The Dinner

Studio: The Orchard
Directed by Oren Moverman

May 05, 2017 Web Exclusive
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The response you have to The Dinner is comparable to the one you have when you don’t like someone and you’re not quite sure why. On the face of it, everything is lined up for this adaptation of the international bestselling book Het Diner by Dutch author Herman Koch. The premise is intriguing enough - two estranged brothers agree to go to dinner with their wives to confront the matter of a violent crime committed by their sons. One brother, Stan Lohman, played with that particular sensitive arrogance of Richard Gere, is a prominent public figure, a congressman running for governor who needs to reconcile his political ambitions with his conscience. The other brother, Paul, is a figure who has shrunken from society, an ignored history teacher whose snare-tight manifestations of his asperger’s-like mental condition is right in the wheelhouse for Steve Coogan. Rebecca Hall and Laura Linney play their respective wives and perfectly occupy their vessels of cynical disaffection, completing the circle of self absorption.

The casting is spot on, especially with the call for Coogan to frolic in the idiosyncrasies of unwillingness, and the story is compelling enough for two translations of the book and two other film adaptations, but the progression in this version suffers from an apparent obligation to the integrity of the book. Writer and Director Oren Moverman continuously stumbles over filling in the backstory to heighten the exigency of the occasion, when all the drama needed is built into the tense dynamic of the evening. This stands to reason as Moverman, who originally had the sole task of adapting the novel into a screenplay, only stepped into direct when Cate Blanchett backed out of what would have been her directorial debut. The dilemmas presented by balancing dual roles is shown in the interruption of rhythm between players, which also takes the filmic shape of the all-in-one host/sommelier/server Dylan (Michael Chernus) with his grandiloquent course descriptions and the incredibly annoying appearances of Nina (Adepero Oduye), Stan’s political aid who can’t respect privacy.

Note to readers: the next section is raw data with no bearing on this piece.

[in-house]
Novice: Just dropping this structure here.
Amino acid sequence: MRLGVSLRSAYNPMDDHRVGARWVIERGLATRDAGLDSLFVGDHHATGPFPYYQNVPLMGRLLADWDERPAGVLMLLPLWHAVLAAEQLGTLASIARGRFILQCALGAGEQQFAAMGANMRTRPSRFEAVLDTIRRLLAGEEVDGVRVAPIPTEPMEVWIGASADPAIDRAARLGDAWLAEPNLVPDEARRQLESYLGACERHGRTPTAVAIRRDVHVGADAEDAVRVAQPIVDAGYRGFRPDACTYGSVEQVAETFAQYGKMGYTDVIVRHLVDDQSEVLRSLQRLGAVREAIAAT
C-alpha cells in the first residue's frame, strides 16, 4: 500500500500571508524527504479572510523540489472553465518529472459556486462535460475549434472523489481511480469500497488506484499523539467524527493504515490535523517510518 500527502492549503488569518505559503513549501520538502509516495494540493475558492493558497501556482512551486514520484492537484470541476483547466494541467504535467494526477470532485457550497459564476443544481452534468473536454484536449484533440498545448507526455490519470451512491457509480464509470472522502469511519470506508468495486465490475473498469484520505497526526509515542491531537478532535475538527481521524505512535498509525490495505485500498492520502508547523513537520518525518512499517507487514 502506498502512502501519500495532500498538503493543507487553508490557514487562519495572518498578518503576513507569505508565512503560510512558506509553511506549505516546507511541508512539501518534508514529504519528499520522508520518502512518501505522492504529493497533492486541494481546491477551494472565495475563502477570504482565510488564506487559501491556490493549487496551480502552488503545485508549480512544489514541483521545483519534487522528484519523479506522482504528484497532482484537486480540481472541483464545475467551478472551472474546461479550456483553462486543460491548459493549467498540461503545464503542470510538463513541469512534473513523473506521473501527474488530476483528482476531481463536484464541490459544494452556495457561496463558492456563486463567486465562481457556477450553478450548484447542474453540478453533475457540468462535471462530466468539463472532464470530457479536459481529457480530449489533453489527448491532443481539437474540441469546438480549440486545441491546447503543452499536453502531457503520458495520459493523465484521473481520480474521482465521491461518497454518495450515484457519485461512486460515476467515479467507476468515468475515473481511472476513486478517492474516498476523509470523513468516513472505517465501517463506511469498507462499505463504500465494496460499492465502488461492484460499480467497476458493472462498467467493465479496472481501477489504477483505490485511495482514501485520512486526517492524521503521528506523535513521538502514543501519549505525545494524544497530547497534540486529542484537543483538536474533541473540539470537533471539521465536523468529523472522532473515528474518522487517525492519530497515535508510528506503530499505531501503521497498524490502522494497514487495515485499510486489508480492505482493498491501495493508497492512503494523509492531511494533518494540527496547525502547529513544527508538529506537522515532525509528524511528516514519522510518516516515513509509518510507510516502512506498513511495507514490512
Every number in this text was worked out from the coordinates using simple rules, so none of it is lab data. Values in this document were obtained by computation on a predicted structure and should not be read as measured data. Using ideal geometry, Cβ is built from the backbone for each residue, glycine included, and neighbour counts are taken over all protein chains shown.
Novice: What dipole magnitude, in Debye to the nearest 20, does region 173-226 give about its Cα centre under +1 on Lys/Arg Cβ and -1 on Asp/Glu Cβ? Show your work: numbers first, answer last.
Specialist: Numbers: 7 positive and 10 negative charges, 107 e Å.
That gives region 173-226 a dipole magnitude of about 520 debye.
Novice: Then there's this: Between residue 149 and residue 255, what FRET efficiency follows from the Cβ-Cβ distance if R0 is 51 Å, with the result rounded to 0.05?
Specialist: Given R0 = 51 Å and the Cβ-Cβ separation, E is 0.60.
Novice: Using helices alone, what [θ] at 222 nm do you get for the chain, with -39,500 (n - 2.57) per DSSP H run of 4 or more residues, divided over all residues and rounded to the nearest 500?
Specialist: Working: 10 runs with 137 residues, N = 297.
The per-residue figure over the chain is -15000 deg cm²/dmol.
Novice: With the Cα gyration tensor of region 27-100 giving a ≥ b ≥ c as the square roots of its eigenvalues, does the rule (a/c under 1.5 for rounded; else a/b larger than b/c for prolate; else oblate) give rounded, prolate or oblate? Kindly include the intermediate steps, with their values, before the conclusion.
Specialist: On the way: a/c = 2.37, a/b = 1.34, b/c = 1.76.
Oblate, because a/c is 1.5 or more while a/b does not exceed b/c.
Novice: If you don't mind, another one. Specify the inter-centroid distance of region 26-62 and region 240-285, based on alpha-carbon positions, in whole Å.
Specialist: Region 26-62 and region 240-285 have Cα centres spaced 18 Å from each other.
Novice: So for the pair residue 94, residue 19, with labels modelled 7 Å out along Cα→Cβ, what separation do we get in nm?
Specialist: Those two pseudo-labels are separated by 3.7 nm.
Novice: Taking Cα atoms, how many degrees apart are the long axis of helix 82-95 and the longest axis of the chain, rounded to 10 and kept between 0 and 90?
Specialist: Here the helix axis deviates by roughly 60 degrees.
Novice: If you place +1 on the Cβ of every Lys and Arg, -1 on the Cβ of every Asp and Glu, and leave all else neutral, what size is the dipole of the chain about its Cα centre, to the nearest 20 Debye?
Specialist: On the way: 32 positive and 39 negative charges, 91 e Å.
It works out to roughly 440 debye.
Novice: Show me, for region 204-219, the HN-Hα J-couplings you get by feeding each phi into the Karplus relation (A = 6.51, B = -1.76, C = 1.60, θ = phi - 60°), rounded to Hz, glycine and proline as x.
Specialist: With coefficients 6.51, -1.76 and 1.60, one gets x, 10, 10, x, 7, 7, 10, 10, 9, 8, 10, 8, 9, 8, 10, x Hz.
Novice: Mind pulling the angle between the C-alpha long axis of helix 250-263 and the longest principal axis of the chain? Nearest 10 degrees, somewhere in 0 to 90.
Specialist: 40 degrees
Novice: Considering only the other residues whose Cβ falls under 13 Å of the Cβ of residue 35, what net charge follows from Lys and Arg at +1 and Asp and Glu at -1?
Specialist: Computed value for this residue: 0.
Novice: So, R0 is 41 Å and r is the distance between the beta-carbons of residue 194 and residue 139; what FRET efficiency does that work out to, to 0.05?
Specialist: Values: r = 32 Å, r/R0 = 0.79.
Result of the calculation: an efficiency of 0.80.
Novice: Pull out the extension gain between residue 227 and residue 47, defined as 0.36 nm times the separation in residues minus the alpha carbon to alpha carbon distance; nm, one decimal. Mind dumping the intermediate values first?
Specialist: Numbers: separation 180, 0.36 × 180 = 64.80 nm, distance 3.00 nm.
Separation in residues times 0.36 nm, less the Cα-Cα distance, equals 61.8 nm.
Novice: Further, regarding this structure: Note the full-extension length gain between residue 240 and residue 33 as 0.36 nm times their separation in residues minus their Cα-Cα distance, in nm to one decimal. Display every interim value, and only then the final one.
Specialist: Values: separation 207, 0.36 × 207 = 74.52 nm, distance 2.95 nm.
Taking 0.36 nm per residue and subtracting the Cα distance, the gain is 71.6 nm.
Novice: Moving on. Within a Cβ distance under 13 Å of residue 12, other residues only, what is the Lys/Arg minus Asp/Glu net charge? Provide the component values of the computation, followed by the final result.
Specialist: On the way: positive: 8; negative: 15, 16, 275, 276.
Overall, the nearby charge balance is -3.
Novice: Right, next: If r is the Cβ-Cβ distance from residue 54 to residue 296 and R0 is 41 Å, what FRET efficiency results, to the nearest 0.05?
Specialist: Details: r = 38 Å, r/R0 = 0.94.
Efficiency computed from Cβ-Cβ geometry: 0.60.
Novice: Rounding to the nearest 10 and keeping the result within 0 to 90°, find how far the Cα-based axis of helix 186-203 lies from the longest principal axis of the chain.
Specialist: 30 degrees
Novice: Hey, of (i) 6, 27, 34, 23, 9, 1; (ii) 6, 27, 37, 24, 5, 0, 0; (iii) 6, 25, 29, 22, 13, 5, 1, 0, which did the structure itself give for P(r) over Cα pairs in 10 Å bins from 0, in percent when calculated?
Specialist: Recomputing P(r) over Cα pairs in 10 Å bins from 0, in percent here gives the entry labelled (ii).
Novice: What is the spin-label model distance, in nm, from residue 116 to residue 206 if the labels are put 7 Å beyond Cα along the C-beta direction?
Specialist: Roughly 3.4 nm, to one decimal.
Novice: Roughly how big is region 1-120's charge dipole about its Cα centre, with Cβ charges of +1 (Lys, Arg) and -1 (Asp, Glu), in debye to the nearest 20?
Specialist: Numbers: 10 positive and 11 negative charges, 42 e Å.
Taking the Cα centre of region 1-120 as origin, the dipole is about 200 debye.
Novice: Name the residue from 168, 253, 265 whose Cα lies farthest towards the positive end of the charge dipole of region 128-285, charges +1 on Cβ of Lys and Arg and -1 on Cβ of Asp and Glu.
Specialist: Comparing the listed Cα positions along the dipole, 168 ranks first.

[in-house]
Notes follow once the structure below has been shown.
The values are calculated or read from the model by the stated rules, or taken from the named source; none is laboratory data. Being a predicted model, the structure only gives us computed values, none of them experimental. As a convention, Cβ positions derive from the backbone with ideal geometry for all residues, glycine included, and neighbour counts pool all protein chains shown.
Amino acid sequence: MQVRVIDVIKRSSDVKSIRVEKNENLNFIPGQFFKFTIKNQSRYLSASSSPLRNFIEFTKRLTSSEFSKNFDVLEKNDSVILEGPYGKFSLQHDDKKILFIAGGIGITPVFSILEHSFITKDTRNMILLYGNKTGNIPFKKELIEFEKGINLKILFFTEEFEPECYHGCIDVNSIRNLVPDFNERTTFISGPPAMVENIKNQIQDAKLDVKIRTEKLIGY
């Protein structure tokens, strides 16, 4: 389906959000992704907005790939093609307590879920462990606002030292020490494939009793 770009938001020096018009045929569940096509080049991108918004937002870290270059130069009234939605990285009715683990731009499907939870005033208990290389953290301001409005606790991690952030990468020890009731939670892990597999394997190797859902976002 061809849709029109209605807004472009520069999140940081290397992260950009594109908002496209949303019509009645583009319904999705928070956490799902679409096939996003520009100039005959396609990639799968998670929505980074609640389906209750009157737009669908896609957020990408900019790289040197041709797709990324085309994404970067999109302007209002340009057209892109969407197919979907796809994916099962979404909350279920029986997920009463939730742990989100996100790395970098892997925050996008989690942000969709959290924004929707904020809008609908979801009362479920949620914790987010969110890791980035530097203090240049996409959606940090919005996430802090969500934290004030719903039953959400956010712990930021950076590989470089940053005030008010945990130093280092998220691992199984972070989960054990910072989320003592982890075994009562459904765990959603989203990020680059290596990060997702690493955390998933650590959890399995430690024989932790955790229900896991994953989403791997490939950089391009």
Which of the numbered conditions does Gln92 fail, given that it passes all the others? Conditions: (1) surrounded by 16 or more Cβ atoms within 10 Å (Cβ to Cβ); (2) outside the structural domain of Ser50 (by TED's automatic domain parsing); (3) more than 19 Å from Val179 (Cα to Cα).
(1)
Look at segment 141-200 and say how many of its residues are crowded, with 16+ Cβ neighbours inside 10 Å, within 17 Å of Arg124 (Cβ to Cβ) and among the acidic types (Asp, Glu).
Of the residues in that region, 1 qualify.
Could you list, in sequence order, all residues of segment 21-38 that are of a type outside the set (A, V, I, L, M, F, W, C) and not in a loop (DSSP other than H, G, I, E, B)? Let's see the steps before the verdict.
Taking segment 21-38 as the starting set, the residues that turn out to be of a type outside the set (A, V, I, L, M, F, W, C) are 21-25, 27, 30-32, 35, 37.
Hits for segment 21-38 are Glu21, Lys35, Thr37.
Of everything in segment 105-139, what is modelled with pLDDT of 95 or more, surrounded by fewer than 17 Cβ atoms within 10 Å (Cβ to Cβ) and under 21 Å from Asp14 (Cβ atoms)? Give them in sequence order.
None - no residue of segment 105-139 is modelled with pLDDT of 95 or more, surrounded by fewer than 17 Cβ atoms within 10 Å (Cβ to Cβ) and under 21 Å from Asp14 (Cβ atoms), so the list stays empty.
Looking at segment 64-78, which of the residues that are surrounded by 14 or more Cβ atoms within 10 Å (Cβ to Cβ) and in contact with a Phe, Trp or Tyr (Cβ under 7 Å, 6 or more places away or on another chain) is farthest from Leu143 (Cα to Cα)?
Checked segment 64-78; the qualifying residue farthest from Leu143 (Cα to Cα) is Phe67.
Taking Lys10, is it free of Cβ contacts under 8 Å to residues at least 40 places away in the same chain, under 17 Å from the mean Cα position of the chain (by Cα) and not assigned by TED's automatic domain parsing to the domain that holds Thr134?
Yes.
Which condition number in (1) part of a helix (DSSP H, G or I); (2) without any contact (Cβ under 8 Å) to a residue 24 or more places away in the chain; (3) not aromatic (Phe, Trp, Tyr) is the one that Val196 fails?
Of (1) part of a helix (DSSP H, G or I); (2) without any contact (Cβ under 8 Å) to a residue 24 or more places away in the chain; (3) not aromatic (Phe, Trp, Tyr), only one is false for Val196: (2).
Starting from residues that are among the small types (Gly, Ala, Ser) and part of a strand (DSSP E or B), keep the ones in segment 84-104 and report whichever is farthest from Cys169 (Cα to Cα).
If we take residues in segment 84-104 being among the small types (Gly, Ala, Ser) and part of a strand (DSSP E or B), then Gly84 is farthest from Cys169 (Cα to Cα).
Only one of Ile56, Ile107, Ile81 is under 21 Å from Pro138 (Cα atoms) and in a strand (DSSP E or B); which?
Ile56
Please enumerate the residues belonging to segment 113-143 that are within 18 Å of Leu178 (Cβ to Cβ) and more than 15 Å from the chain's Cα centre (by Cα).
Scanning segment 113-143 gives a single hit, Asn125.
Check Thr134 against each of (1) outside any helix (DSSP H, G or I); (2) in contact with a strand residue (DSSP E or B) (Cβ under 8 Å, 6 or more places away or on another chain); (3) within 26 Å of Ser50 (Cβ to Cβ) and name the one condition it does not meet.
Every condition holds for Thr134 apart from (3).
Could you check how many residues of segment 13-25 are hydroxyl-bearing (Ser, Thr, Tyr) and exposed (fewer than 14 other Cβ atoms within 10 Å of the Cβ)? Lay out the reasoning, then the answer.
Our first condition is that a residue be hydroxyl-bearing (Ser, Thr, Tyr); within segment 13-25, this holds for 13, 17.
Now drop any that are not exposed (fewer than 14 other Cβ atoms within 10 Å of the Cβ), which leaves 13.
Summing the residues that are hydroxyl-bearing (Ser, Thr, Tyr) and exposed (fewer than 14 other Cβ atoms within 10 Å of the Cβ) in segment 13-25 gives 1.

The camera can’t sit still long enough for the anticipated psychological sparring of egos to develop. Brief moments when the two couples are seated all together flash a potential kineticism, yet by the time they get to the heart of the matter, you're annoyed that it took so long, much like when waiting for the main course at a busy restaurant.

If The Dinner had been contained to the food snob circus of the mansion turned restaurant that is its central setting, the tension over conflicting opinions of how to resolve a family matter with harmful implications for all, might have sustained the film on its own. Add in the inferred tensions from not having sex, and not being straightforward and not being able to communicate with family and not having time or patience for anything anymore and there you have all the ingredients for something rich and complex. There too would have been more opportunity to use the spice provided by Paul’s hilarious exchanges with host Dylan, which recall the funniest moments from Coogan in the uproarious food mockumentary The Trip. As it played out, this adaptation is clouded by a menu with too many choices.

Author rating: 4/10

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